Speakers at a workshop have stressed systematic and comprehensive follow up of fire and structural inspections of readymade garment (RMG) factories by the Department of Inspections of Factories and Establishments (DIFE).
The workshop, held in the city on Tuesday, on case management and follow up to the structural building and fire safety assessment of RMG factories was organized by the International Labor Organization (ILO) as part of its Improving Working Conditions in the RMG sector program funded by Canada, the Netherlands and the UK, a media release said on Wednesday.
The event brought together some 30 DIFE inspectors who were joined by technical specialists from the Bangladesh Accord on Fire and Building Safety, the Alliance for Bangladesh Worker Safety and Bangladesh University for Engineering and Technology (BUET). The Accord and Alliance, which represent the international brands and retailers sourcing from Bangladesh, shared best practice with the DIFE inspectors on how they ensure RMG factories put into place the remediation steps identified by inspections.
BUET staff also provided insight into prioritizing recommendations for follow up.
“The Department of Inspections of Factories and Establishments has been considerably strengthened since the Rana Plaza collapse in terms of personnel, budget and training.
“However, equally important is the establishment of internal management processes to effectively follow up on the findings of fire and structural inspections in a systematic, comprehensive and transparent manner in respect of every single factory,” said Srinivas B. Reddy, ILO Country Director for Bangladesh.
He said that this is a vital step in addressing immediate safety concerns as well as preparing DIFE to take on greater long-term responsibility for compliance and regulatory oversight within the RMG industry.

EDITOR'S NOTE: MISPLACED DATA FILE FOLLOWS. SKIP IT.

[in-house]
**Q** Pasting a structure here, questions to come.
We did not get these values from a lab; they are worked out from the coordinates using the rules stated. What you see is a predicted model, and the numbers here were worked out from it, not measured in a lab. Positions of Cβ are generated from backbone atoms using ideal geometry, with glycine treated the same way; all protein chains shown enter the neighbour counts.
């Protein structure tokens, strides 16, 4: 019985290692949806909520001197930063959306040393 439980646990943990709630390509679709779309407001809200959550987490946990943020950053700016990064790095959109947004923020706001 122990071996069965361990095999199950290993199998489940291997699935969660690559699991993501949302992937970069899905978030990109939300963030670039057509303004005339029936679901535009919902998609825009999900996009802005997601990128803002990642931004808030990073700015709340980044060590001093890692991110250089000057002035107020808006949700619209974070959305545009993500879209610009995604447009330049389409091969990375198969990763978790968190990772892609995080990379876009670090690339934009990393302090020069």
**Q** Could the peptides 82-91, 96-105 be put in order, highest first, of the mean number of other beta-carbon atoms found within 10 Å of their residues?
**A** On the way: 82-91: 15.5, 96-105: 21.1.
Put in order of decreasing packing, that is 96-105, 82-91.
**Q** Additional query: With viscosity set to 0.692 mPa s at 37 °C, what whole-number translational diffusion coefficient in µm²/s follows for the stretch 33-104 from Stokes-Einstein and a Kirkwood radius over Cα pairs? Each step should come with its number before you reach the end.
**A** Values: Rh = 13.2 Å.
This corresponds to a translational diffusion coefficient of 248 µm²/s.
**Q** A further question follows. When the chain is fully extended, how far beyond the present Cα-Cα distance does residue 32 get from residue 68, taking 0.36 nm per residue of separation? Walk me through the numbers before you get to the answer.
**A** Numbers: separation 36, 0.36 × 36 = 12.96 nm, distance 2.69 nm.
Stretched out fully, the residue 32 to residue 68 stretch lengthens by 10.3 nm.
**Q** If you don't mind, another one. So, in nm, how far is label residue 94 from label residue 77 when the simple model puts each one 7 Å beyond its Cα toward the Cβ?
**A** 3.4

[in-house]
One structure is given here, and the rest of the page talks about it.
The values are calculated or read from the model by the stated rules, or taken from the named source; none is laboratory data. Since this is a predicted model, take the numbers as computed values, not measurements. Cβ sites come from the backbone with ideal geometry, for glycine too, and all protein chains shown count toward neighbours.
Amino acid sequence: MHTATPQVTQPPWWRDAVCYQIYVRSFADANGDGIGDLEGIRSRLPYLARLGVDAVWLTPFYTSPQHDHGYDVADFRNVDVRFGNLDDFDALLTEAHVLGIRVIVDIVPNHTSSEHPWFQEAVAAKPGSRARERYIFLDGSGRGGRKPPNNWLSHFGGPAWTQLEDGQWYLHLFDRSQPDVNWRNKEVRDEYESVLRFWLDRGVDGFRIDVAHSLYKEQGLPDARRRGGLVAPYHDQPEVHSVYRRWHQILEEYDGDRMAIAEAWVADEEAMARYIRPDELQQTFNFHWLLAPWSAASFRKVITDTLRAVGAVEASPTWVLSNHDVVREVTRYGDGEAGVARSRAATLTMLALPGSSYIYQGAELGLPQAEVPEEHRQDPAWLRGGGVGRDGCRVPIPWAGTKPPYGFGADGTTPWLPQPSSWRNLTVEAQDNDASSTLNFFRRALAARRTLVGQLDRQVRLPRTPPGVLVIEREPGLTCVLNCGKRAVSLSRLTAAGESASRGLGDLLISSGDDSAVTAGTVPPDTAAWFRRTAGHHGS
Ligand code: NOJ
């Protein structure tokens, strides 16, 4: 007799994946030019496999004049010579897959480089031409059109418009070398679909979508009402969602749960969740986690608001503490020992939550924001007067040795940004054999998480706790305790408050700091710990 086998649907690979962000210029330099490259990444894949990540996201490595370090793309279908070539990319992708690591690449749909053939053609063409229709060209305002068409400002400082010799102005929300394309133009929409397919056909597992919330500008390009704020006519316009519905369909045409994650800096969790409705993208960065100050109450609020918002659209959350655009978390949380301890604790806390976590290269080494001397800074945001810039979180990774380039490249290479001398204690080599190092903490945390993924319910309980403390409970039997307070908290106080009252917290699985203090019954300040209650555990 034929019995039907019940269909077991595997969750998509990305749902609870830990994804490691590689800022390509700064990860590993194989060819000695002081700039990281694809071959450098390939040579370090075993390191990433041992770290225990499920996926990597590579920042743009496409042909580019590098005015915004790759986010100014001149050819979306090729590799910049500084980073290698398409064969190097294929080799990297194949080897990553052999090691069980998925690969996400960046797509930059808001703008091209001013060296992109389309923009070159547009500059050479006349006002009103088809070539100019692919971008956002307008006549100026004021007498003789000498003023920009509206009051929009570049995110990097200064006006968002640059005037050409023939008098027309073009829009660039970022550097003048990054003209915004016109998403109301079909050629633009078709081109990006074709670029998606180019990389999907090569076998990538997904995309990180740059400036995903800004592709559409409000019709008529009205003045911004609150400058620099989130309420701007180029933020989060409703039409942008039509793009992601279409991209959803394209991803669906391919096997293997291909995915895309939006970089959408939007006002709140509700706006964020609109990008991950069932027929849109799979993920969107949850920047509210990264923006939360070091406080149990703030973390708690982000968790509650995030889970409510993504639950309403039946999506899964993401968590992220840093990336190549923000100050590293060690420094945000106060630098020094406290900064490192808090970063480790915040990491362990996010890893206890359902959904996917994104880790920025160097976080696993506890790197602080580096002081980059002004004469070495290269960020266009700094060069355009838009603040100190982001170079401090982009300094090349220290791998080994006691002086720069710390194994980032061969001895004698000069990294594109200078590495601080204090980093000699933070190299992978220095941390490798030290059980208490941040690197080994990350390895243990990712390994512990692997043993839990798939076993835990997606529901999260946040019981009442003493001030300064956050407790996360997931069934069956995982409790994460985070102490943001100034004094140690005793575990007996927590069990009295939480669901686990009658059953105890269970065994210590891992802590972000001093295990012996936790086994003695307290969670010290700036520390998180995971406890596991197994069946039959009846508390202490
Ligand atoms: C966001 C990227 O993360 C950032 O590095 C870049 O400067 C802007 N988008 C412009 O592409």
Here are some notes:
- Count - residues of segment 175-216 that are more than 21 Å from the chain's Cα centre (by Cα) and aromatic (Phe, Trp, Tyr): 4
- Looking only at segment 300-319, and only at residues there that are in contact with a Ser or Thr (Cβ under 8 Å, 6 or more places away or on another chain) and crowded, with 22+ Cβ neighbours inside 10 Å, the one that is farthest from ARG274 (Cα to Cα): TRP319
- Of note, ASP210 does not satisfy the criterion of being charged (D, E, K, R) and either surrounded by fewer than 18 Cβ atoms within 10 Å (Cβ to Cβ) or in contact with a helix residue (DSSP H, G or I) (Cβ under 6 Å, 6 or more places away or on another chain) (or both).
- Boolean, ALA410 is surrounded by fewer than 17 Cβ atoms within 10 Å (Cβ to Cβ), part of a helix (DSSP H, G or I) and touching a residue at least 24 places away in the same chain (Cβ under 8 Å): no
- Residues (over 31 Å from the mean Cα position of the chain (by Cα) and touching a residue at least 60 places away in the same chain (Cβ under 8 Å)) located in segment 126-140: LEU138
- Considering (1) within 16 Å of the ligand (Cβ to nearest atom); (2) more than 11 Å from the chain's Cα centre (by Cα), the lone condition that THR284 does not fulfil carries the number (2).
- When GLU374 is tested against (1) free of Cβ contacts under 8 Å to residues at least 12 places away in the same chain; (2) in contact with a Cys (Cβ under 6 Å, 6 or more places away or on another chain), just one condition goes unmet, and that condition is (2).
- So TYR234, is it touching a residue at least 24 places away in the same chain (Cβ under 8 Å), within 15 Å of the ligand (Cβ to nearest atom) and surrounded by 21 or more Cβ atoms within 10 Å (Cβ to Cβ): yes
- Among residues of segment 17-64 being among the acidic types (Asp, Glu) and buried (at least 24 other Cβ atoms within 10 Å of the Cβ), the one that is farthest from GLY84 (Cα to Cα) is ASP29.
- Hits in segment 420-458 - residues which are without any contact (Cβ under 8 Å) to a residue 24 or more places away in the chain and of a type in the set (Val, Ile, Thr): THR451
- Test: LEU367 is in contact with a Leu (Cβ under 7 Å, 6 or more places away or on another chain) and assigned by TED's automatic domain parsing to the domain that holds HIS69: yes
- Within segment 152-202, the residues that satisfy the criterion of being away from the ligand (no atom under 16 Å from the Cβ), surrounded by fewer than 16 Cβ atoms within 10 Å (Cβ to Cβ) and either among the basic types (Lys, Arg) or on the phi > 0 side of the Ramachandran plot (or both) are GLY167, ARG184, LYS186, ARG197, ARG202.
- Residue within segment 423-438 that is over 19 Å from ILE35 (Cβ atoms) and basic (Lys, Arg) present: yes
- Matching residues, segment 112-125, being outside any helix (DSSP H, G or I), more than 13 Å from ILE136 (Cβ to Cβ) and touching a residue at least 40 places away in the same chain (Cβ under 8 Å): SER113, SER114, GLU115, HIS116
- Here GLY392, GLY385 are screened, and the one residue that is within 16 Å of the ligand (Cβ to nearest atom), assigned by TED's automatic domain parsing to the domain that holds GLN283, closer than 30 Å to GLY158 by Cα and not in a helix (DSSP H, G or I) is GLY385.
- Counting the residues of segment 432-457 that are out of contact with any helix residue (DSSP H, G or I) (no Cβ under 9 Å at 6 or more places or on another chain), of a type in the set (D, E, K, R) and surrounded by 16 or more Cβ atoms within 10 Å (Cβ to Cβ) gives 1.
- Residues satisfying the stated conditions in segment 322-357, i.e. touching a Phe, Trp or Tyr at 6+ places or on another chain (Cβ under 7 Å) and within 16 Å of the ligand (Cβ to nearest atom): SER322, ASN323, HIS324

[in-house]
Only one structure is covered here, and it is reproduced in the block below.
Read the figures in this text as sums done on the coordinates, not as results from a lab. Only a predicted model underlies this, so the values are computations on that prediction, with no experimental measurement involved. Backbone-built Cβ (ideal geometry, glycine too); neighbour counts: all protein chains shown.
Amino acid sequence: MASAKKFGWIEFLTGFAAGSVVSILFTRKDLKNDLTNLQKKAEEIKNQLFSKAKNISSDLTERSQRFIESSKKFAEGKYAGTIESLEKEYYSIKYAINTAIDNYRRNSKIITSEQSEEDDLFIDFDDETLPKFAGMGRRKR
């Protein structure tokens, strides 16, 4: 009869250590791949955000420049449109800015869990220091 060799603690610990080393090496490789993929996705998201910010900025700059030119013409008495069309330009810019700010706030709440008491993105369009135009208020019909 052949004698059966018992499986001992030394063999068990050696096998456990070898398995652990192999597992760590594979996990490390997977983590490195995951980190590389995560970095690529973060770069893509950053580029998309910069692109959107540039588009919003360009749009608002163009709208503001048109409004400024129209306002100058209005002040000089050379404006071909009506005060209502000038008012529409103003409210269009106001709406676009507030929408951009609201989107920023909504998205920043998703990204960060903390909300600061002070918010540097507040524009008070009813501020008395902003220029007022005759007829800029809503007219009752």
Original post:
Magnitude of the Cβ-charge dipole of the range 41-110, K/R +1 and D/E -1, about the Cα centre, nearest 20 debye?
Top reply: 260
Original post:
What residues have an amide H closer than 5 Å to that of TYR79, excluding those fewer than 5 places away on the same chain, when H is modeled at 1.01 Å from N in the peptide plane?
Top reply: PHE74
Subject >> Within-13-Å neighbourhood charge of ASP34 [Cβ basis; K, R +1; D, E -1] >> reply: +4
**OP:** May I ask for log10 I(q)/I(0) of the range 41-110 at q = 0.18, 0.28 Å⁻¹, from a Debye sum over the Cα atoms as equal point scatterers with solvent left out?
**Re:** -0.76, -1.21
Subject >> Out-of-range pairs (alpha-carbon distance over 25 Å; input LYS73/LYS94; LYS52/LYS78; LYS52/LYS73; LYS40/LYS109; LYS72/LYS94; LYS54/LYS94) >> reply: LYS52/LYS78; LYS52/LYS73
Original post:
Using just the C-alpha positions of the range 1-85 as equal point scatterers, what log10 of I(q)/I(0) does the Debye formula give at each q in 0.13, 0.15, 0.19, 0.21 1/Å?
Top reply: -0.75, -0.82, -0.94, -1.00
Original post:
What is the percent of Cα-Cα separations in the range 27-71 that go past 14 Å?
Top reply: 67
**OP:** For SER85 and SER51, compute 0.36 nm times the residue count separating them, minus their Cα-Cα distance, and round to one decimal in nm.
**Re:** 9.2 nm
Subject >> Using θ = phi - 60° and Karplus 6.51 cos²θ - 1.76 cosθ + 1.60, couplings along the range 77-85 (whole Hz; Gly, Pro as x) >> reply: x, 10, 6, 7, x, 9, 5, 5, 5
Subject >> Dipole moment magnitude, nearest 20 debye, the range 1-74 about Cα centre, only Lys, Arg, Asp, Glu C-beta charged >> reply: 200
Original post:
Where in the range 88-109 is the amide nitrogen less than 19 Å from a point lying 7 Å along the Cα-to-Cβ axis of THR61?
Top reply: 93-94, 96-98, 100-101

Looking to the future, a similar process will also need to be undertaken with the Fire Service and Civil Defense Department and RAJUK in view of their important role relating to fire and building safety and the large number of factories to be monitored, he added.
Areas looked at during the workshop included appointment of case handlers for each factory, the remediation systems currently used by Accord and Alliance, the prioritization of issues requiring immediate or less urgent follow up, workflows and the management of factory “case loads” by inspectors.
Following the collapse of the Rana Plaza in April 2013 efforts were immediately launched to inspect all 3,500 RMG factories throughout Bangladesh for fire and structural safety.
By the end of November 2014 some 60% had been inspected by the Accord, Alliance and Bangladesh University for Engineering and Technology (BUET) under the National Tripartite Plan of Action.
Inspections carried out by BUET are being acted upon by the DIFE inspectors, while the Accord and Alliance are using their own teams of engineers to carry out the same task.
The three-and-a-half year Improving Working Conditions in the Ready Made Garment (RMG) Sector Program focuses on improving RMG factory building safety, workers’ rights and overall working conditions in Bangladesh.
The initiative will run until December 2016. The Readymade Garment (RMG) sector is integral to the Bangladeshi economy, with an estimate of 3,500 export factories in operation, providing employment for over 4.2 million workers.
Industry exports totalled $21.5 billion in 2012-2013, making Bangladesh one of the world's leading apparel exporters.
Follow-up inspections in RMG factories stressed